In one embodiment of the etching process, a dry resist (e.g., "DYNACHEM FL" (available from Dynachem located in Tustin, Calif.) is applied 12.5 .mu.m thick to one or both sides of the sheet member 6 and exposed in a standard manner. Then using a suitable spray etcher (e.g., "DYNAMIL VRP 10/NM" available from Western Tech. Assoc. located in Anaheim, Calif.) a mixture of ferric chloride, water and hydrochloric acid is sprayed onto the resist and sheet member 6 at about 52.degree. C. for two minutes. A standard caustic stripper is used for the resist removal.
In another embodiment of the etching process, a wet resist (e.g., "SHIPLEY 111S" available from Shipley Corporation, located in Marlborough, Mass.) is applied 7.5 .mu.m thick at about 21.degree. C. to one or both sides of the sheet member 6 and exposed in a standard manner. Then a suitable etchant (e.g., ferric chloride) is sprayed onto the resist and sheet member at about 49.degree. C. A standard caustic stripper is used for the resist removal.
The sheet member 6 and microprotrusions 4 are made from materials that have sufficient strength and manufacturability to produce microprotrusions, such as, glasses, ceramics, rigid polymers, reinforced (e.g., carbon fiber reinforced) polymers, metals and metal alloys. Examples of metals and metal alloys include but are not limited to stainless steel, iron, steel, tin, zinc, copper, gold, platinum, aluminum, germanium, zirconium, titanium and titanium alloys. Each of the sheet member and microprotrusions can have a thin layer of gold, platinum, iridium, titanium, or rhodium plating. Examples of glasses include silicas and devitrified glasses such as "PHOTOCERAM" available from Corning in Corning, N.Y. Examples of polymers include but are not limited to polystyrene, polymethylmethacrylate, polypropylene, polyethylene, "BAKELITE", cellulose acetate, ethylcellulose, styrene/acrylonitrile copolymers, stryrene/butadiene copolymers, acrylonitrile/butadiene/styrene (ABS) copolymers, polyvinyl chloride and acrylic acid polymers including polyacrylates and polymethacrylates.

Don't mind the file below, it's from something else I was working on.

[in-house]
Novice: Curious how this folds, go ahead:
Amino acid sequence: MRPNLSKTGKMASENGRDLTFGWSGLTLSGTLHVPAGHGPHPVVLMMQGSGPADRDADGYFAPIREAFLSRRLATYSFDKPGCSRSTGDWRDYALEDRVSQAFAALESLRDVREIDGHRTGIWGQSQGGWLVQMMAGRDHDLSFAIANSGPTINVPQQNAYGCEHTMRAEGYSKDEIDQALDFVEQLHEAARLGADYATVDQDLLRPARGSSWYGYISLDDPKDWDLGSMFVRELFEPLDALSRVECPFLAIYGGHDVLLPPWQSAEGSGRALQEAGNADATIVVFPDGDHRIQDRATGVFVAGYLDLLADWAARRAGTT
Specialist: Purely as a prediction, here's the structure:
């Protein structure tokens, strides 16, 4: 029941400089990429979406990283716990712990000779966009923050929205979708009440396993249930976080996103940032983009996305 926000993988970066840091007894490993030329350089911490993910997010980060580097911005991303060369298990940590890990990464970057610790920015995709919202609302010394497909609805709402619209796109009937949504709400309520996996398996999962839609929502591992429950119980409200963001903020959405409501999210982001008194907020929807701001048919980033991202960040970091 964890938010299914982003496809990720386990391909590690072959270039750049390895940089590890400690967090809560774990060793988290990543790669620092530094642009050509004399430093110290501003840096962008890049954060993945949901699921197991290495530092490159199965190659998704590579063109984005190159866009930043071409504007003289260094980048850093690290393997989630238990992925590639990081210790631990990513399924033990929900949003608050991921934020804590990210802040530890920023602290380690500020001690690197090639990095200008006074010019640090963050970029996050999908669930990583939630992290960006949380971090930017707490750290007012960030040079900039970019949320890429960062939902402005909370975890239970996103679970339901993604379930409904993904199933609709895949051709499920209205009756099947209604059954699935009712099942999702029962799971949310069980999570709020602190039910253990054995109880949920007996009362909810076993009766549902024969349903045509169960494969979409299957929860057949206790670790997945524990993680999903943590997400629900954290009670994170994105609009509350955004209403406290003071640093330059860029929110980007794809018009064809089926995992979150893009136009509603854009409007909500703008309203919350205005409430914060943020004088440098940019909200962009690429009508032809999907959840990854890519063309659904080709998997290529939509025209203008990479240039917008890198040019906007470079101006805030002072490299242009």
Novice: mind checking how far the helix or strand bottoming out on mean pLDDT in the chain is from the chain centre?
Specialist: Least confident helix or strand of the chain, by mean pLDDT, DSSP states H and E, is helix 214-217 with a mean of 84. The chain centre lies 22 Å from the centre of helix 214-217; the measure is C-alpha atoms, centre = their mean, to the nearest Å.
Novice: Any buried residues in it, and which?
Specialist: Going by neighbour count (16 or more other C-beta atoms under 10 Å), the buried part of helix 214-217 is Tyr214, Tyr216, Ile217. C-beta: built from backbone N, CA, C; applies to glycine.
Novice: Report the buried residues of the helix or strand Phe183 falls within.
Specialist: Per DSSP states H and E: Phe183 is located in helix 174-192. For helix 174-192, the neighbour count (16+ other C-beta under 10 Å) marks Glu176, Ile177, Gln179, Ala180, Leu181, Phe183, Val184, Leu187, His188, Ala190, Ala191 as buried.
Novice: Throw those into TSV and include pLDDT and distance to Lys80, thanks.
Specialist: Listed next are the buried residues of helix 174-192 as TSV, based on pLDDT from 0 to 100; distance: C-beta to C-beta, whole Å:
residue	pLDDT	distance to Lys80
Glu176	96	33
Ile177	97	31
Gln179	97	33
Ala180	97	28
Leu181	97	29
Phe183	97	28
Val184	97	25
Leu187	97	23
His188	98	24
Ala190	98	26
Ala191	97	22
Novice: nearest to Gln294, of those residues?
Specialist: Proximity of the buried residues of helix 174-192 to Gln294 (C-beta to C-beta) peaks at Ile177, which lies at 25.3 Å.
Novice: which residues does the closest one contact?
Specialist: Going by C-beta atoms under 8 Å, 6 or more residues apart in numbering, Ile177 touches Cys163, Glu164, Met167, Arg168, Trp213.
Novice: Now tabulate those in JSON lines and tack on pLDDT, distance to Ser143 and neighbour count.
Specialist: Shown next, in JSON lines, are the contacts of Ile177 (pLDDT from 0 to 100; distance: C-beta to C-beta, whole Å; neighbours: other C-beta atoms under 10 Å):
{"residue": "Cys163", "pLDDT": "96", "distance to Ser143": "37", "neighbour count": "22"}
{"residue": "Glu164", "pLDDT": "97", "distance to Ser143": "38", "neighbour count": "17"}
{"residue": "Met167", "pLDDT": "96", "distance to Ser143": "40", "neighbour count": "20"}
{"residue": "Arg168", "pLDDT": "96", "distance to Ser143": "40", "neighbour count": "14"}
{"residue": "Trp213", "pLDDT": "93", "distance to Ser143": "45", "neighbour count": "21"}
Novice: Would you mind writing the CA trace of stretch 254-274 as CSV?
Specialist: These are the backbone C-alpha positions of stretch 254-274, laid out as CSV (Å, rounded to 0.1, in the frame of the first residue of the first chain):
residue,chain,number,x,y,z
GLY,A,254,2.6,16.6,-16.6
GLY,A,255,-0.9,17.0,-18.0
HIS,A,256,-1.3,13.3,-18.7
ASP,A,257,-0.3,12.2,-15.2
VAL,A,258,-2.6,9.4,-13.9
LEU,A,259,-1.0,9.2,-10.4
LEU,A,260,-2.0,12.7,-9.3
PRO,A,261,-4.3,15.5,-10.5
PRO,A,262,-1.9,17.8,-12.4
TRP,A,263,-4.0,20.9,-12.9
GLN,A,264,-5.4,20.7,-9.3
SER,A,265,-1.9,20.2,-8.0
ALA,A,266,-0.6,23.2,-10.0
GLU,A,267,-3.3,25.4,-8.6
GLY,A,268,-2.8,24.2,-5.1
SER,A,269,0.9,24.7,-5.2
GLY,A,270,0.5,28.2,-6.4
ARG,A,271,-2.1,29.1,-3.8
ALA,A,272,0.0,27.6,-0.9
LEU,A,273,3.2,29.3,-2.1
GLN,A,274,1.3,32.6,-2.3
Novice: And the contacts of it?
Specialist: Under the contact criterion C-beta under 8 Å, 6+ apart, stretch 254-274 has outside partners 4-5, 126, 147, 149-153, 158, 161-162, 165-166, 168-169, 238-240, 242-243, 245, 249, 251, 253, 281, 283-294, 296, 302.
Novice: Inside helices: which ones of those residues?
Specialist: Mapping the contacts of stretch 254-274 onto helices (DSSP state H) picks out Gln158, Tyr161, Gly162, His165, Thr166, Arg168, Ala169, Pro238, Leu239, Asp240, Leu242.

The number of microprotrusions 4 and reservoirs 8 of any of the embodiments of the sheet member 6 is variable with respect to the desired flux rate, agent being sampled or delivered, delivery or sampling device used (i.e., electrotransport, passive, osmotic, pressure driven, etc.), and other factors as will be evident to one of ordinary skill in the art. In general, the larger the number of microprotrusions per unit area (i.e., microblade density), the less concentrated the flux of the agent in the skin because there are a greater number of pathways through the skin. Consequently with elecrotransport delivery or sampling, a smaller number of microprotrusions per unit area, leads to the transport of the agent through the skin becoming more concentrated in fewer pathways. Higher concentrations of agents in a skin pathway can lead to higher incidences and/or severity of skin reactions (e.g., irritation). Therefore, larger microblade densities are generally preferred to reduce the incidence and/or severity of skin reactions.